Jung and the Story of Our Time; psychology, memoir (1975).
    Yet Being Someone Other; memoir, travel (1982).
    A Walk with A White Bushman; interview-transcripts (1986).​

    Dalene Matthee is also an excellent read:

    Kringe in 'n bos (Circles in a forest) (1984)
    Fiela se Kind (Fiela's Child) (1985)
    Moerbeibos (The Mulberry Forest) (1987)
    Toorbos (Dream Forest) (2003)​
     
  6. Bullyboy

    Bullyboy Member

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    As you discover the history of Africa...after the coming of the whites it was all downhill from there, not too many ways to lighten that up I'm afraid...of course there is much history written about Africa before colonization as well. I would suggest starting with Alex Haley's "Roots". I second "Things Fall Apart", also "Kaffir Boy".
     
  7. Meadow337

    Meadow337 Former Moderator

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    While colonialism was not always the best thing, there was also some good along with the evils and I object to this general categorisation that the Whites are to blame for every wrong thing in Africa. I entirely fail to see why there is no responsibility for actions taken by Black people in their own countries and perpetuated by and against their own people.

    As for Alex Haley 'Roots' good book, but at the same time I am honestly fed up with the biased and one sided view of slavery. A. Arabs were slave traders in Africa for centuries before Whites got the not-so-bright idea to do the same and B. Whites did not penetrate deep into the interior of Africa. It was African tribes who warred on other tribes and transported the captives to the coast to sell, first to Arabs then to johnny-come-lately Whites. But that side of history is just ignored in the blame game. There are no innocents in the Slave Trade - Blacks did it, Whites did it, Arabs did it, the Chinese did it. I'm not sure there is any nation in the world that didn't practice slavery in some form or the other at one time in their history. The Romans did it, the Greeks did it, the Vikings did it .... so yeah please lets be accurate about the facts.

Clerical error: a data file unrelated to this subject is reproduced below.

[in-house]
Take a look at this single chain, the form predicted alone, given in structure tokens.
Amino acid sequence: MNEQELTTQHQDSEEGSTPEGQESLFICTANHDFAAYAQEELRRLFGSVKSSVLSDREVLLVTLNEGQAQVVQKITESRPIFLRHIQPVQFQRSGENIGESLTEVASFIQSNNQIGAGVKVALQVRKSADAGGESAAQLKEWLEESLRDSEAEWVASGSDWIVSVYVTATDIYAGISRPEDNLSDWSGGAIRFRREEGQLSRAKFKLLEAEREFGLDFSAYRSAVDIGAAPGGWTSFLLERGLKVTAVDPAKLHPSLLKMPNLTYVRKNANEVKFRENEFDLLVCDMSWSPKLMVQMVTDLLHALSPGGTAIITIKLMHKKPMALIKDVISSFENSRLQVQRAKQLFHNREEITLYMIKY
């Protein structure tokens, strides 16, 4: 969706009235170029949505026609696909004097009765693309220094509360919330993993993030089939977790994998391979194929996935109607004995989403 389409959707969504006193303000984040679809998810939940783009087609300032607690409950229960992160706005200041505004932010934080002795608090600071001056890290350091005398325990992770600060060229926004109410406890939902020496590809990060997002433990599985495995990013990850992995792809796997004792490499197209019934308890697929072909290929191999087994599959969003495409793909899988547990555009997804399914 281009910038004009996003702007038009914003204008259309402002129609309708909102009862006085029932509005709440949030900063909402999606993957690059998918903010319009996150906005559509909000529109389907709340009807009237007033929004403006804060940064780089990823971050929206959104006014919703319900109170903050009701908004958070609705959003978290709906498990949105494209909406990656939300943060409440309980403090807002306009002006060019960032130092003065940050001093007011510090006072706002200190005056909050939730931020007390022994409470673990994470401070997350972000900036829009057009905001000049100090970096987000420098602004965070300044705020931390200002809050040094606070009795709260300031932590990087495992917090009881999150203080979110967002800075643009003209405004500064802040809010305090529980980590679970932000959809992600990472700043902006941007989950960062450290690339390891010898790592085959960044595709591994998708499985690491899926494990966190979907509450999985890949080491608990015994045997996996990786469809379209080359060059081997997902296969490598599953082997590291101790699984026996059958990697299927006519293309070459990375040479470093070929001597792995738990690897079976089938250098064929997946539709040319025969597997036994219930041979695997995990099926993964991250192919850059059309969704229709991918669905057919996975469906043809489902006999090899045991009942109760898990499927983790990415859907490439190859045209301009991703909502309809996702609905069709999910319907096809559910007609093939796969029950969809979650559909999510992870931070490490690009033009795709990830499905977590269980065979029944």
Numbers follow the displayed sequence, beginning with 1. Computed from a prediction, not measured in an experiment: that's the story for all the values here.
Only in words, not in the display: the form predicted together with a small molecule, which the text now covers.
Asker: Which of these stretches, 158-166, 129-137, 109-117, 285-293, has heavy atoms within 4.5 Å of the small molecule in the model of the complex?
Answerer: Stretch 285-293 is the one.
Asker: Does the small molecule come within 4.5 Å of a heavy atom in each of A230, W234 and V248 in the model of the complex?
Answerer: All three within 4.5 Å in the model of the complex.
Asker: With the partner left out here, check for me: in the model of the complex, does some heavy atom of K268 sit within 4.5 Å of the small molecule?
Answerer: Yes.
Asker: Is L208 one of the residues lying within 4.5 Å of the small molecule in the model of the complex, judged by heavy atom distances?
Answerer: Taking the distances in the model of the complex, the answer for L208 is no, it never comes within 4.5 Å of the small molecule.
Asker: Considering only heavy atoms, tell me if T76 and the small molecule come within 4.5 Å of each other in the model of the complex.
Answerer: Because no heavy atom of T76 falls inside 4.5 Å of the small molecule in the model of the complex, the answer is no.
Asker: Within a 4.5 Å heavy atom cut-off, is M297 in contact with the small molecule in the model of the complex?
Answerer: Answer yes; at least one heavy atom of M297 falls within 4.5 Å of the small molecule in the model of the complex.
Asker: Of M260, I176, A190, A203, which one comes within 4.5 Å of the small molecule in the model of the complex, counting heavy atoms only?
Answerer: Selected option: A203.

Last edited: Nov 25, 2013
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  8. Bullyboy

    Bullyboy Member

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    I suppose one's global perspective might also be colored by one's own ethnicity as well...
     
  9. Meadow337

    Meadow337 Former Moderator

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    That would be part of the biased view I meant. History as told by some people is that big bad white folks came to Africa, wrenched the poor innocent black folks from its bosom and perpetuated all manner of evils on them. I am in no way endorsing or excusing any of the multiplicity of evils of slavery but that simplistic view is just plain wrong. If there ever is to be full healing there first has to be truth.
     
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  10. Conscious Bob

    Conscious Bob Well-Known Member

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    Not so much black and white but shades of gray.
     
  11. Meadow337

    Meadow337 Former Moderator

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    many!